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If you have ever lived in Orlando, you have heard the regular reports on how Disney shoots themselves in the foot on a routine basis. They have a long history of thinking that they know the mind of the American public only to be wrong over and over. They turned down doing the Lord of the Rings, not once, but twice. They were approached about doing The Hobbit back in the seventies, remember that animated film? Not done by Disney. They lost a lot of money on that decision, so they tried to compensate by making The Black Cauldron. (Remember that movie? Probably not. It’s biggest claim to fame is having a villain so creepy that Disney won’t even allow the costume in the park for Halloween.) Back in 2000, the entertainment giant knew they had it right with two huge animated films: Dinosaur and Fantasia 2000. Both were huge bombs. What saved their ass that year was a film they considered a throw away and barely advertised, The Emperor’s New Groove. I’m not saying that Disney can’t make good movies, obviously. They’ve made their fortune and reputation on exceptional animated and family films over nearly a century (that time frame becomes important in a minute here, bear with me). To say a word in their favor, the way they handled the Muppets movie last year was genius (not only the movie itself, but the promotion. Releasing numerous muppet sketches on YouTube, brilliant). However in typical Disney fashion, they don’t learn from their successes or their failures, and so this year we get John Carter, a several hundred million dollar sci-fi epic based on a series of novels (ready?) one hundred years old. Written by Tarzan author Edgar Rice Burrows, the series never became a huge mainstream success like his swinging ape-man, but was ever popular among those who read such things. So what is the problem? Well, let me tell you about the film and then we’ll get into the issues.
John Carter is the story of John Carter (naturally), a soldier for the Confederacy during the civil war, now an outlaw wanted by the government seeking a horde of gold in a lost cave. When he finds the treasure, he also encounters a strange figure. They grapple and there is a flash of light. All of a sudden, Carter finds himself on the surface of the planet Mars, where the lighter gravity allows him to leap great distances (a feat he appears to master after about half an hour’s practice). He is discovered by a tribe of tall, green aliens who begin to treat him as a child but eventually make him their war chief. When Carter discovers that a race of humans exist on the planet, he gets wrapped up in their war, rescuing a princess from the hands of a conquering warlord whose actions are about to destroy the planet. Moved by his love for the princess and his adopted alien family, he forms an army to take on the oppressor.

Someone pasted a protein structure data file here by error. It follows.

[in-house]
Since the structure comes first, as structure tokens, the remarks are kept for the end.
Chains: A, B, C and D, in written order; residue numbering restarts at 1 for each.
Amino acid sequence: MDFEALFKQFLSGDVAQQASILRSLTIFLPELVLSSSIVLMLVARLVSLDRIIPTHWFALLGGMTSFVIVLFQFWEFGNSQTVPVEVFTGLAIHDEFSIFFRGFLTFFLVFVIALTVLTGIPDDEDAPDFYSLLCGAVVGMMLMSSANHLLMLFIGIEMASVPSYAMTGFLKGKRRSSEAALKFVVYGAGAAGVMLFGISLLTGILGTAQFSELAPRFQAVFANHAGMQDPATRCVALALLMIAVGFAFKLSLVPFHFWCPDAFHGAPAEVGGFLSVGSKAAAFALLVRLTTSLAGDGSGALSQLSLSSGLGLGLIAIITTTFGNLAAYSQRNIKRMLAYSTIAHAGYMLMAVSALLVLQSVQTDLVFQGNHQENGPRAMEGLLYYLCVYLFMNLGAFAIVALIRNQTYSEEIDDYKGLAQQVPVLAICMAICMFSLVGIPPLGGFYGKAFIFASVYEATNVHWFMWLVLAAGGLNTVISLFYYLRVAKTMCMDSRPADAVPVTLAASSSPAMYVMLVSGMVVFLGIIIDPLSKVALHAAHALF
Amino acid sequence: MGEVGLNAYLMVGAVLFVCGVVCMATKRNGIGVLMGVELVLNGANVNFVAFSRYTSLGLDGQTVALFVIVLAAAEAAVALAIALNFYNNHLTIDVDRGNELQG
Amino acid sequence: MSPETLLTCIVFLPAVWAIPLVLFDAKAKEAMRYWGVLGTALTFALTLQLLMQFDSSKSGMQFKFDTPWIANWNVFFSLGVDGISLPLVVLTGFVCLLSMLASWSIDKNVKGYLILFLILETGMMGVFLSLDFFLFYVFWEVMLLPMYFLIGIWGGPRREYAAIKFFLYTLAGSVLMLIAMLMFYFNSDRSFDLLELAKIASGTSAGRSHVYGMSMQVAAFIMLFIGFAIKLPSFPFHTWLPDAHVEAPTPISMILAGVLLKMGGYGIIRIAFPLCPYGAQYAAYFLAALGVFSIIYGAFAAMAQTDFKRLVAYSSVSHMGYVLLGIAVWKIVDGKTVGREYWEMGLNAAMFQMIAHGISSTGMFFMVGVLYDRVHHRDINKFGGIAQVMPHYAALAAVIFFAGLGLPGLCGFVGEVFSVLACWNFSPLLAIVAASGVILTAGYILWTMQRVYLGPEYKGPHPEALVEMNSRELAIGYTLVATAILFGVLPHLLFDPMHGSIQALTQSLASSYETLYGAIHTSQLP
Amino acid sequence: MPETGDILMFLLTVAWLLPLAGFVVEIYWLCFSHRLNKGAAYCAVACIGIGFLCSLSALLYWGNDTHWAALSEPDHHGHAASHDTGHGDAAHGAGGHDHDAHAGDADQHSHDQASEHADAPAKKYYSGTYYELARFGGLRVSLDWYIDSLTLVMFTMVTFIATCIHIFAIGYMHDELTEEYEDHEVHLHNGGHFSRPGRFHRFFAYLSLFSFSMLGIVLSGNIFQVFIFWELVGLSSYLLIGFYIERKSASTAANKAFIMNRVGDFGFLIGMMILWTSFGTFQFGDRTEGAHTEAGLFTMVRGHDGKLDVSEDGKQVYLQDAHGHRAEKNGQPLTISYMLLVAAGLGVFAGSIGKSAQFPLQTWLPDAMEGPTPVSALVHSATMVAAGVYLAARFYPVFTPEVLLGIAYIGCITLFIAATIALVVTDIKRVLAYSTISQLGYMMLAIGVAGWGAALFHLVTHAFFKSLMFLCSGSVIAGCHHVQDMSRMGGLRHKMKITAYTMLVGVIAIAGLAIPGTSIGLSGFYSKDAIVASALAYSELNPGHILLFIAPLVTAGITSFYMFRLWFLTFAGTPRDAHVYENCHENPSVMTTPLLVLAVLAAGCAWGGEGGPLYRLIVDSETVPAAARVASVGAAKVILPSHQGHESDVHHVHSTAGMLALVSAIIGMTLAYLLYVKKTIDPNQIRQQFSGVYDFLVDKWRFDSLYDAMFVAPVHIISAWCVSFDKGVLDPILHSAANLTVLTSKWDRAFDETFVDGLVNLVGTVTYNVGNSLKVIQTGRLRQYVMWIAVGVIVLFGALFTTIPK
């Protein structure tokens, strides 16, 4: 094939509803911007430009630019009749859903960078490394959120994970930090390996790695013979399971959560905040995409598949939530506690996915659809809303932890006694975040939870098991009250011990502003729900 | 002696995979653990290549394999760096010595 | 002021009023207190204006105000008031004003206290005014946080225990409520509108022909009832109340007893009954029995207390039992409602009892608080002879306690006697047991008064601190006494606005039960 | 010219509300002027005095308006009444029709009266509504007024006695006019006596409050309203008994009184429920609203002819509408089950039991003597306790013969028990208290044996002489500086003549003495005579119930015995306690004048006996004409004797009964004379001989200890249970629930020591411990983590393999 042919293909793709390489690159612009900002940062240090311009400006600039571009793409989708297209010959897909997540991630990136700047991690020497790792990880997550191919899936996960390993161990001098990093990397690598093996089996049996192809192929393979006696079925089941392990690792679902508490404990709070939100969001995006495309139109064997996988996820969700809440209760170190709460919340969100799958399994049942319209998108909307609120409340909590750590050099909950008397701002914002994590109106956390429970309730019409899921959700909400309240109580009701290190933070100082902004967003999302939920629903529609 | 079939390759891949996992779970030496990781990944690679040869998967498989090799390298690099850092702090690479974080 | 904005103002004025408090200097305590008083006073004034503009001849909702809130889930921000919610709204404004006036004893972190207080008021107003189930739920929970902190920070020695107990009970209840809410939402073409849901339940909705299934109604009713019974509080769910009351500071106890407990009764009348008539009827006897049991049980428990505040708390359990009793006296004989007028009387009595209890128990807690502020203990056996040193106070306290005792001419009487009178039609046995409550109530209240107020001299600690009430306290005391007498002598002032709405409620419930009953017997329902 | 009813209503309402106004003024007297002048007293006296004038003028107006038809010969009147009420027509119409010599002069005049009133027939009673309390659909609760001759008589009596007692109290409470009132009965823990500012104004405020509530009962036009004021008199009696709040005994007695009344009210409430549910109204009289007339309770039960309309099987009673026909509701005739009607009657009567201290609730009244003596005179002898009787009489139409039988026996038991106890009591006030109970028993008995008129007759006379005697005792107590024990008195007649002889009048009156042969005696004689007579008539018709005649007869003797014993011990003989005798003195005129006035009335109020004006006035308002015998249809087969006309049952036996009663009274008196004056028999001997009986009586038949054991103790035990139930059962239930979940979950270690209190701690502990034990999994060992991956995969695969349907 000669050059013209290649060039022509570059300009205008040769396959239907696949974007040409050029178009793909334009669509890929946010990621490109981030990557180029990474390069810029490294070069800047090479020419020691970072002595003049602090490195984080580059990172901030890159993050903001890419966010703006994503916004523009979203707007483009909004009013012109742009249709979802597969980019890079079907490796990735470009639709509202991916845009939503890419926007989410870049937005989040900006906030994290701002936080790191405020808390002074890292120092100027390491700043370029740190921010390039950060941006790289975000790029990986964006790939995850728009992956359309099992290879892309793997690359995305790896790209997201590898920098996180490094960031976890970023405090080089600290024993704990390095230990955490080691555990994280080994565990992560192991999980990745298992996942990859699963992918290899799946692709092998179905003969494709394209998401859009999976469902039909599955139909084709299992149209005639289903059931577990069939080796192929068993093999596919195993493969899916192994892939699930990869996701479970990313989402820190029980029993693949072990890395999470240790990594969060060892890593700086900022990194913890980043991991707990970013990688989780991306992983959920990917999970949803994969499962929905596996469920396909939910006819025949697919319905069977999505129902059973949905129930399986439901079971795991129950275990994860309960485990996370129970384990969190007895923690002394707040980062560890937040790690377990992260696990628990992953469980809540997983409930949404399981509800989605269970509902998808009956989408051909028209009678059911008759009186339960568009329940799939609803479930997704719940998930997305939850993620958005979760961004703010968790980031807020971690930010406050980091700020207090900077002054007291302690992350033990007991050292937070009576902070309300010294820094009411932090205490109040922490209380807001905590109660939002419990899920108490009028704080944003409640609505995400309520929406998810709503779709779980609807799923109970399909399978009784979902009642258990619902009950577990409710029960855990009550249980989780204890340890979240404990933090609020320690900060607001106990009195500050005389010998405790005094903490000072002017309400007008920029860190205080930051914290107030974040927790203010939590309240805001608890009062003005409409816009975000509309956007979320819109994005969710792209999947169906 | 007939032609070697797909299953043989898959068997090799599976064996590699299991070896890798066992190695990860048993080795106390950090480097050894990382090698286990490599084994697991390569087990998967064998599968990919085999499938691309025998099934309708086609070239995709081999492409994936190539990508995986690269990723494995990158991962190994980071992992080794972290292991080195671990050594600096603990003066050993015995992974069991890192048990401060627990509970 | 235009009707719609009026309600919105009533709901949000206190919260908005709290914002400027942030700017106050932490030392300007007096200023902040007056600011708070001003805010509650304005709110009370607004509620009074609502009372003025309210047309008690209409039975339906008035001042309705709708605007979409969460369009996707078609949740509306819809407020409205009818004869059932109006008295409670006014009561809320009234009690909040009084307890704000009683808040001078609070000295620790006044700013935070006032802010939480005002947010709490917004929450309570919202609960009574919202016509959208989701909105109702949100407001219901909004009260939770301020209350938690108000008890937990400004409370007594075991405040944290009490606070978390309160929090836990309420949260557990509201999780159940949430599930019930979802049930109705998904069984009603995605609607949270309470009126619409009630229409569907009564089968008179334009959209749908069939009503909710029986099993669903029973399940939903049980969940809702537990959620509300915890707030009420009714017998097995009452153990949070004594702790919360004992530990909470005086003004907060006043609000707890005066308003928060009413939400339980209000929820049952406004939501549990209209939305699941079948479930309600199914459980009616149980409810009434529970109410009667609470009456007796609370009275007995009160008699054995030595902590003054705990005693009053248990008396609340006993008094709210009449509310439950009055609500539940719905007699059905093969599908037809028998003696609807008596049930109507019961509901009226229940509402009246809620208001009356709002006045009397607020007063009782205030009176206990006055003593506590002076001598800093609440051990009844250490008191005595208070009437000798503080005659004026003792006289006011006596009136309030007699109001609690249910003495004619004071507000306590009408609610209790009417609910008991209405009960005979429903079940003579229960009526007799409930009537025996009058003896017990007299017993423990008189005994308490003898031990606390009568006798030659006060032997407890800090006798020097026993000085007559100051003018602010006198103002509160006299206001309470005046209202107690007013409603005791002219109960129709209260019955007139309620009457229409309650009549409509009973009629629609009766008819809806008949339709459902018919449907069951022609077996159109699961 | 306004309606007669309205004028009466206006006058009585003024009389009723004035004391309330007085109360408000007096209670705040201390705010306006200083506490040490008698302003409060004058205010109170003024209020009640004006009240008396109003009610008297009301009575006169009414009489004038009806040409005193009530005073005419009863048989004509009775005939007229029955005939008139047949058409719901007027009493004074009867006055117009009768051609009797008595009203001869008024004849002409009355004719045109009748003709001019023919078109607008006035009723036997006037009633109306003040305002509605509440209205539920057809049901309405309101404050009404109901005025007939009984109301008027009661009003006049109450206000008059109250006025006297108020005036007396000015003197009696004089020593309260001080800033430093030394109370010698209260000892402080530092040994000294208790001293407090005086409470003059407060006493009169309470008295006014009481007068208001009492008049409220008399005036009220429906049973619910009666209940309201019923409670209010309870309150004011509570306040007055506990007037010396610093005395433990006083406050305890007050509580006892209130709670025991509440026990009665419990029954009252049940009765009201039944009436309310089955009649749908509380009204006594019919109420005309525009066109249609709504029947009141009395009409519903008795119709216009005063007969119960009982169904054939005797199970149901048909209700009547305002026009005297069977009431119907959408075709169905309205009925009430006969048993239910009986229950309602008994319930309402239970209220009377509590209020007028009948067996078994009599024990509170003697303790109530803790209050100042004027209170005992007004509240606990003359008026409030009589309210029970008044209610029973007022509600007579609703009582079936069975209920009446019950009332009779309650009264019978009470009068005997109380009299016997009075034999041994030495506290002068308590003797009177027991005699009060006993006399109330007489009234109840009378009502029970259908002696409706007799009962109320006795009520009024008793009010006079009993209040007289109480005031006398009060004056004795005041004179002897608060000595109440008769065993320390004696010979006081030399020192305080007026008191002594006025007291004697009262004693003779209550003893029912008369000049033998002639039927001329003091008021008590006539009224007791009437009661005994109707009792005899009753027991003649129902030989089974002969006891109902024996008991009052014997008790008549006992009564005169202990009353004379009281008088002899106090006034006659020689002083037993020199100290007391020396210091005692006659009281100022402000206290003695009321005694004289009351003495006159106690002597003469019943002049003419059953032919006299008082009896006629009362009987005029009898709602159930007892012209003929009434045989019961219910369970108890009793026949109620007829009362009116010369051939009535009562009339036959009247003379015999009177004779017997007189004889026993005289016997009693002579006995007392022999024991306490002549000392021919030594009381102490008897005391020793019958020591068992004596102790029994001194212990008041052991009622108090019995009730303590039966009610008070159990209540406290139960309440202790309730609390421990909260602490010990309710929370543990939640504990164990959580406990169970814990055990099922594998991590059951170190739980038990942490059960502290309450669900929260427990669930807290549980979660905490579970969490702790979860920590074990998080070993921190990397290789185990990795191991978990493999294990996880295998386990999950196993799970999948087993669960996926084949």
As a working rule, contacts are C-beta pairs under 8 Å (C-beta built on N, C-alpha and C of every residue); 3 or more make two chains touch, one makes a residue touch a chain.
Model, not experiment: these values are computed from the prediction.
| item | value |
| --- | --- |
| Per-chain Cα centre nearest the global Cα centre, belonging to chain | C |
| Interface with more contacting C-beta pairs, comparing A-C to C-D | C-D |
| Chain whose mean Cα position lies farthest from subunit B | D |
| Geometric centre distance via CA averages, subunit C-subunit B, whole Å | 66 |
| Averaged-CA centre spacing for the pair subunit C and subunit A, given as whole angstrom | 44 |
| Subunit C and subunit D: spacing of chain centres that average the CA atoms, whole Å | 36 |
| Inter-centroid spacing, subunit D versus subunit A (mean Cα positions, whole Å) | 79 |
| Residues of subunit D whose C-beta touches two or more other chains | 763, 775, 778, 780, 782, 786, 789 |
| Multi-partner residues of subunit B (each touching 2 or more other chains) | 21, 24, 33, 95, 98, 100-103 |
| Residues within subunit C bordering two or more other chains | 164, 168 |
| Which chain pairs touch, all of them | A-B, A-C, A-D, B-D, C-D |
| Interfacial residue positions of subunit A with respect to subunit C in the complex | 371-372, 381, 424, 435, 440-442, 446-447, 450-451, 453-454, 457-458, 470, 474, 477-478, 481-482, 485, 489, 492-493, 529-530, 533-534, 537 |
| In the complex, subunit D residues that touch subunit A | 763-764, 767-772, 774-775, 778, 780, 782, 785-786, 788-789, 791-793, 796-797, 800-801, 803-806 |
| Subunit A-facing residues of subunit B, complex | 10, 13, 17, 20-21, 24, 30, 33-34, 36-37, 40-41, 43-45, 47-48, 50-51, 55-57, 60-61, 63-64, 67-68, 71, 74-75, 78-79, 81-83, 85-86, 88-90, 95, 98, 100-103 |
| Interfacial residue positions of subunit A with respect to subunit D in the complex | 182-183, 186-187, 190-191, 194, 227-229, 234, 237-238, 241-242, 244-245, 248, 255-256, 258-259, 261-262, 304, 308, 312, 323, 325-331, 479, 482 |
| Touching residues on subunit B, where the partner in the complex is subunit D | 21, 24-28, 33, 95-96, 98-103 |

Okay, now reading all that, does it sound a bit familiar? It should. It was a huge hit movie just a few years ago, even won a few Oscars. There’s a reason for that. James Cameron based Avatar loosely on a hundred year old story by Edgar Rice Burroughs called Princess of Mars, which happens to be the first John Carter novel (a low-budget film company even made the movie Princess of Mars, citing it as the inspiration for Avatar). So here’s Disney’s logic: Let’s take this century old sci-fi story with its since disproven scientific theory, ignore that fact that two (yes two) other movies based on the same material have come out in the past three years, and spend 250 million on it. In fact, let’s cast a virtual unknown in the lead (Taylor Kitsch is mainly known for the TV show Friday Night Lights and for playing Gambit in the Wolverine movie) and to further hedge our bets, let’s not put out any low-budget movies this year that can give us a cushion, just in case this doesn’t work (after all, Disney considers itself the infallible pope of film). Now that John Carter has bombed, Disney has to hope they’ll make up losses on The Avengers, which isn’t even their film, they’re just getting royalty money because they bought Marvel. But I digress, let me tell you what I think about the movie, as opposed to my opinion of the studio. If you can ignore the scientific theory flaws (like a man jumping a mile and a half without breaking something) and the obvious Avatar similarities, it’s a decent film. Taylor Kitsch is actually a charismatic actor and you find yourself liking him in spite of yourself. The story survived a hundred years and was copied several times because it is actually quite good, and has some clever plot devices that Cameron did not duplicate (in all honesty, the only thing he did copy was a loose idea of a story concept, kinda like writing a generic idea on the board in a creative writing class and seeing the different stories they come up with.) As a whole, it’s a good film that was poorly timed.
Final Word: Can See in Sci-Fi Action.